(Reuters) - A group of Indian hackers has offered support to an American man who filed a lawsuit against Symantec Corp by publishing source code from a 2006 version of Norton Utilities, a software program at the heart of the legal dispute.
A spokesman for the group, which is known as Lords of Dharmaraja, released more than 13,000 files that were part of the product's source code late on Friday. Pass it on to forensics and win the lawsuit, YamaTough said via Twitter.
The proposed class-action lawsuit claims that Symantec seeks to convince consumers to buy Norton Utilities and PC Tools software programs by scaring them with misleading information about the health of their computers. Symantec has said those claims are without merit.
It was not immediately clear how the source code might help the case. And one of the attorneys working with plaintiff James Gross said that he did not welcome assistance from the Indian hackers.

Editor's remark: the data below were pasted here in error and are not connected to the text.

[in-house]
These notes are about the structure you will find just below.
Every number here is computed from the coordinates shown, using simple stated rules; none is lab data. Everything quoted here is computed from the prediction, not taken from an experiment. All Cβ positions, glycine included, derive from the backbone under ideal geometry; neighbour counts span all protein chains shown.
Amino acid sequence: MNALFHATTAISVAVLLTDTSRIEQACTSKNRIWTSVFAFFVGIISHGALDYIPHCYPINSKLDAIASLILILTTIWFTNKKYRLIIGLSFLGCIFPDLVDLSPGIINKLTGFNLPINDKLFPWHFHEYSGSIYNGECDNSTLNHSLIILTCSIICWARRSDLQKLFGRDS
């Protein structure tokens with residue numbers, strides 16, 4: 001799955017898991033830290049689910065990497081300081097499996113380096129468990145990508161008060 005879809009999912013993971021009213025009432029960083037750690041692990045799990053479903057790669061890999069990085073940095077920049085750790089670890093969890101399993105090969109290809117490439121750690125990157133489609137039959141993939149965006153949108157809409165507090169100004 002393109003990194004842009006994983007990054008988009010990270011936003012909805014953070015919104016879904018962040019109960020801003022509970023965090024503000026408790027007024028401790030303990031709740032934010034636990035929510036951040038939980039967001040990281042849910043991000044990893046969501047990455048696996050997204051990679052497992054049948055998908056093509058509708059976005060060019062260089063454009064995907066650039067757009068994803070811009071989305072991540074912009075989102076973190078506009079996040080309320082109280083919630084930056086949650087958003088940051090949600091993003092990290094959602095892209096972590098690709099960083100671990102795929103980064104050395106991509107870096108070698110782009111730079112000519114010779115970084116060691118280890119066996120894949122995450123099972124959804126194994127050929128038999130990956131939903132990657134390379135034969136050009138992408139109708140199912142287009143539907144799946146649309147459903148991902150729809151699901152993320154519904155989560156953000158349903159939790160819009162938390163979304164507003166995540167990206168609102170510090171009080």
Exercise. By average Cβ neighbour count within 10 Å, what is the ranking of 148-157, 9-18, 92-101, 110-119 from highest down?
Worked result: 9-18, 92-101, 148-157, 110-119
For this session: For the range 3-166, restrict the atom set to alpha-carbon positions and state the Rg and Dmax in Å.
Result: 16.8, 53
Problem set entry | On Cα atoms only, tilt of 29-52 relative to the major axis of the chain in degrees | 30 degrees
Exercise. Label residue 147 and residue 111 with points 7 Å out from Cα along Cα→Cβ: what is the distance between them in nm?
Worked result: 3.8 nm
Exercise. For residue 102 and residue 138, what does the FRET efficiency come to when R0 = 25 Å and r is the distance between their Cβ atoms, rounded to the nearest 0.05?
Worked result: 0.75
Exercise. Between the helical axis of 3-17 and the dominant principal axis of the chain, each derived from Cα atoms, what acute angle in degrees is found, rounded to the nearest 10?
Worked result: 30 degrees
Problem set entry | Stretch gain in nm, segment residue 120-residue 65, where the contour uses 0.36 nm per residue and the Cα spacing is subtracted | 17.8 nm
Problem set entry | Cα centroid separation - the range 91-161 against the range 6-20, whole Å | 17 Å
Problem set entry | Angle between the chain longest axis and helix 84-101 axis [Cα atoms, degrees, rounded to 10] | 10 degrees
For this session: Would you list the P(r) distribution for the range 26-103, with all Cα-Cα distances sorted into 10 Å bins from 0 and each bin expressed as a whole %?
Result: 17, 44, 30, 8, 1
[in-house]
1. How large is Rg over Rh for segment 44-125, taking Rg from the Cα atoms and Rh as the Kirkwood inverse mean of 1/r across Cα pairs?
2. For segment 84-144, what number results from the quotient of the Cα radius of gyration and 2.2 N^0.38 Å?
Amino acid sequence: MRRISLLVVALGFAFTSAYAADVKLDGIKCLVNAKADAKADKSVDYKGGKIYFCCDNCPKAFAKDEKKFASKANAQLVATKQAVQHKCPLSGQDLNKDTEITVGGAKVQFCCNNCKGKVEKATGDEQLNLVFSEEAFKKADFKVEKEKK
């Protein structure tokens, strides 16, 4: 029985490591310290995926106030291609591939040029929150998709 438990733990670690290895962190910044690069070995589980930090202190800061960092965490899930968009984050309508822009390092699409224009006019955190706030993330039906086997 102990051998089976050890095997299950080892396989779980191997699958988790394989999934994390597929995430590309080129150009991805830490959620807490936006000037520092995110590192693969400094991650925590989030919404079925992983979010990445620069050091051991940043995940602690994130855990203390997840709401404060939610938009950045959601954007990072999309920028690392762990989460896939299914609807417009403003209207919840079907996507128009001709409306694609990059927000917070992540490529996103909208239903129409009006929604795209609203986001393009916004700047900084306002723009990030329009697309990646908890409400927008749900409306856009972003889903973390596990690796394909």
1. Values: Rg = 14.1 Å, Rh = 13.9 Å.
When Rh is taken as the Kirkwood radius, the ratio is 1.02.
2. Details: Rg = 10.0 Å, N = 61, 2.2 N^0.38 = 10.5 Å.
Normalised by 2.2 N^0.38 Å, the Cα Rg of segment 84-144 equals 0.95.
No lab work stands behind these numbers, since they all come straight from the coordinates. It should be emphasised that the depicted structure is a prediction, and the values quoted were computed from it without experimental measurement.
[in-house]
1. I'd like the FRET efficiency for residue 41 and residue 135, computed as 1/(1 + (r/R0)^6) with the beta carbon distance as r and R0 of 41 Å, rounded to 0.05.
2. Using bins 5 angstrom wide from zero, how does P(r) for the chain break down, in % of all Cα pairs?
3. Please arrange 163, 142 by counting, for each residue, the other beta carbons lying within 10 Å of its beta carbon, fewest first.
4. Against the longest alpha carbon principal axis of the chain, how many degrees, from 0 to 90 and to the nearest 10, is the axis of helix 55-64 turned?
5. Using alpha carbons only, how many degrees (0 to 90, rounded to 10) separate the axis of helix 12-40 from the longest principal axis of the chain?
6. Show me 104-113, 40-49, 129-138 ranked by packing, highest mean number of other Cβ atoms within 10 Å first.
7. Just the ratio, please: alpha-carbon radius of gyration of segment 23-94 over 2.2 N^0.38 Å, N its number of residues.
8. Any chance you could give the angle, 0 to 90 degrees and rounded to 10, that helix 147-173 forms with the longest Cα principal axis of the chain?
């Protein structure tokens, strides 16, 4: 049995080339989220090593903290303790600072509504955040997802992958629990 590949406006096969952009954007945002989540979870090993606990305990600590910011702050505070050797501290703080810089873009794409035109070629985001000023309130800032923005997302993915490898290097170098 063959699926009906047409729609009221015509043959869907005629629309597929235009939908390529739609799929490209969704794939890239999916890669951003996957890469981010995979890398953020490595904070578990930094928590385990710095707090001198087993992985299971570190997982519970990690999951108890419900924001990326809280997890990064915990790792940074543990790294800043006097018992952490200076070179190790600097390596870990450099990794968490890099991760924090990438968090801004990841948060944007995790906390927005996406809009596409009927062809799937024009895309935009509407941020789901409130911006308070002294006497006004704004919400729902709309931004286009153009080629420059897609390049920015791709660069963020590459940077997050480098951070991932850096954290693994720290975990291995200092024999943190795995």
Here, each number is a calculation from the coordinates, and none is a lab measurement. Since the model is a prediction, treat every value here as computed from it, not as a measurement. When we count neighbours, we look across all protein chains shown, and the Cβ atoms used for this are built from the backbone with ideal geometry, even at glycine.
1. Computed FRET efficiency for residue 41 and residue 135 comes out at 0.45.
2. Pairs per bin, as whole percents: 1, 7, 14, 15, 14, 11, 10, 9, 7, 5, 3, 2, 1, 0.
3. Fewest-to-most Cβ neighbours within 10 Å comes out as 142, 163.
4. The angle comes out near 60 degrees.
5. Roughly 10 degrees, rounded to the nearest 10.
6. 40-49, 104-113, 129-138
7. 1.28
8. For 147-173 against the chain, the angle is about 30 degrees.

This is not something we think is necessary to support our case and we don't support hacking, said Jay Edelson, an attorney with Edelson McGuire LLC. We are not a rogue nation where the only hope is for people to take matters in their own hands.
Symantec spokesman Cris Paden said that his company no longer sells or supports Norton Utilities 2006. The current version of Norton Utilities has been completely rebuilt and shares no common code with Norton Utilities 2006, he said.
Symantec previously confirmed that the same group of hackers had accessed the source code to some of its anti-virus software.